We tend to gravitate towards things that affirm our own beliefs and, not necessarily reject per se, but certainly disregard those things that confront or question them. That's just human nature. But it is interesting to note that as open as receptive as we try to be when watching films, it is sometimes difficult to engage with certain genres or thematic material that don't mesh with our core beliefs, our bedrock inspirations, those things that inherently make us tick. As a fierce athiest, Life of Pi should have been troubling in its predominent theme of religious absolution and communion, but I can honestly say that it's been a long time since I have been quite so moved by a piece of cinema.
Yann Martel's supremely visual though "unfilmable" novel went through M. Night Shyamalan, and then Alfonso Cuarón and Jean Pierre-Jeunet before it was inherited by Ang Lee. The story concerns a young Indian boy - Piscine Molitor Patel - a kid so predictably teased for his first name that he learns several blackboards' worth of π decimal places to cement his new abbreviation amongst his peers. After running a successful Zoo his family decide to emigrate to Canada - taking their precious animals as carry-on on a large Japanese freighter. When the ship goes down during a storm, Pi is left marooned on the immense, unending sea with only a handful of rescued animals for company. The mere idea of the large bulk of a movie revolving around a boy and a Bengal tiger sharing a lifeboat on a horizonless ocean would be enough to send studio execs and movie-goers alike into an immediate state of preemptive deep-vein thrombosis. However, as Martin Campbell so masterfully demonstrated in Casino Royale in 2006, even the simplest, seemingly actionless set-piece (in the case of Bond - a card game), filled with handsome, painterly set design, flagons of detailed character development, and a broad canvas of conjoined emotional beats, can trump any hyper-kinetic car-on-car explosionfest.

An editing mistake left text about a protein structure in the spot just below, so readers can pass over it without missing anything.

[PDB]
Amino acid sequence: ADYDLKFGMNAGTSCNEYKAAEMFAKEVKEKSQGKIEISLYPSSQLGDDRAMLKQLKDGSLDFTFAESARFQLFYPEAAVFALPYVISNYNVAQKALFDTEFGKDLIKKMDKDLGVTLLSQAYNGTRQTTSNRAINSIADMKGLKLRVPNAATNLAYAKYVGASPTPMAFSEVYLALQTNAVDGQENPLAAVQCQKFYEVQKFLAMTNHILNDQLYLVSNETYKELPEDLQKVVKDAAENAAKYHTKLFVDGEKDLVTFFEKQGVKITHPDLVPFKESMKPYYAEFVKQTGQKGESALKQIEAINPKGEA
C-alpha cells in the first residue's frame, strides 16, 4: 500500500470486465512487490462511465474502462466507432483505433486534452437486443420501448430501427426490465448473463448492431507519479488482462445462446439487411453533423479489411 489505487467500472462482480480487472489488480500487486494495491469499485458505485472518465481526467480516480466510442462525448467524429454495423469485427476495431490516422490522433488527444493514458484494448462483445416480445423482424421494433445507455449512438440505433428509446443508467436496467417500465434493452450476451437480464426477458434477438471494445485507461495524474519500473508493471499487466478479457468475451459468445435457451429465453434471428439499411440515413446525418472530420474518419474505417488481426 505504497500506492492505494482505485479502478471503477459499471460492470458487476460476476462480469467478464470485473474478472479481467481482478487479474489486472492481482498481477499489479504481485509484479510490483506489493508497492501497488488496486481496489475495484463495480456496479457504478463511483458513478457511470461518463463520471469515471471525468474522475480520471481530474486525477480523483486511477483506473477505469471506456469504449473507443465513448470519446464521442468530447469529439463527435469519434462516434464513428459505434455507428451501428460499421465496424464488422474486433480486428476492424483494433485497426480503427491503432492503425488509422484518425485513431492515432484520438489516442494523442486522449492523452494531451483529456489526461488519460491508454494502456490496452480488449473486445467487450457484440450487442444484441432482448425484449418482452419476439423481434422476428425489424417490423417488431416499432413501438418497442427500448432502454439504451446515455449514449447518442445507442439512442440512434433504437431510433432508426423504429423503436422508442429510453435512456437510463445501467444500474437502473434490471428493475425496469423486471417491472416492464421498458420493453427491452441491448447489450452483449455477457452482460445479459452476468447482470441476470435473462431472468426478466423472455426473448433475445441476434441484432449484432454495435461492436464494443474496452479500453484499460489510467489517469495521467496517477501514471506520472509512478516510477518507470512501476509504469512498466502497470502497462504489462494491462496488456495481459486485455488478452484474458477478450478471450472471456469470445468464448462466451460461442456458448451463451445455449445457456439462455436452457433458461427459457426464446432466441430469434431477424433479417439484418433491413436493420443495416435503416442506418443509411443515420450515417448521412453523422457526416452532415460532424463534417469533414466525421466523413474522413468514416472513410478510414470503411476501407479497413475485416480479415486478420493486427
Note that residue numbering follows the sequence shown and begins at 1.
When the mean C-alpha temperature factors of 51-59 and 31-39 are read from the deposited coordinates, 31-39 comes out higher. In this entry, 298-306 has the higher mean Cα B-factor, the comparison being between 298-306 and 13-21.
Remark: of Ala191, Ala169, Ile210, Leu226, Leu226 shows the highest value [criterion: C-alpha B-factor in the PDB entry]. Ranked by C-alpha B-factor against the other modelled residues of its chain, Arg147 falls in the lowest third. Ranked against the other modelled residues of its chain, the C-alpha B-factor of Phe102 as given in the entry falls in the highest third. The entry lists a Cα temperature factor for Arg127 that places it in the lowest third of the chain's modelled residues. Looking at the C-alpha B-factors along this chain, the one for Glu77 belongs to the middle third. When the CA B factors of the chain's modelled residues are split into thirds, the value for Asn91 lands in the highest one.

It's not a perfect film; Lee still insists on Hulk-like comic-book partial-dissolves and transitions from one scene to the next, which I'm sure were put in to help cohere the mise en abyme of Rafe Spall's real-world writer interviewing the adult Pi, with the more fantastical elements of Pi's story, but whilst so much of the extensive CGI was exquisitely rendered - Tarsem-style - the swipes and cutaways looked flat and uninspired in comparison.
So what does it all mean? As Apple have proved: Simplicity is beauty. For in Life of Pi, a film that deals with so many ideas about family, faith, fate, companionship, fear, guilt and love, there's a great many avenues that go unexplored, and therein lies the film's greatest potency. Far from resorting to answerless, question-posing vagaries, the film acknowledges the vastness of its own ambitions, addressed directly towards the film's end. When the freighter's insurers arrive to discuss the nature of the tragedy, they simply do not believe Pi's story. Upon offering them a more 'plausible' alternative, they're not sure about that one either. It's not important how we find peace, the film seems to ask. The important thing is that we do.
Ang Lee's back catalogue continues to astound with the sheer breadth of style and content in his helming choices. For what could have been a possible career-breaker, Lee has taken Martel's novel - a quixotic story about redemption and a big cat named Richard Parker - and turned it into not only an early contender for the best film of 2013, but one of the most important films of the last ten years.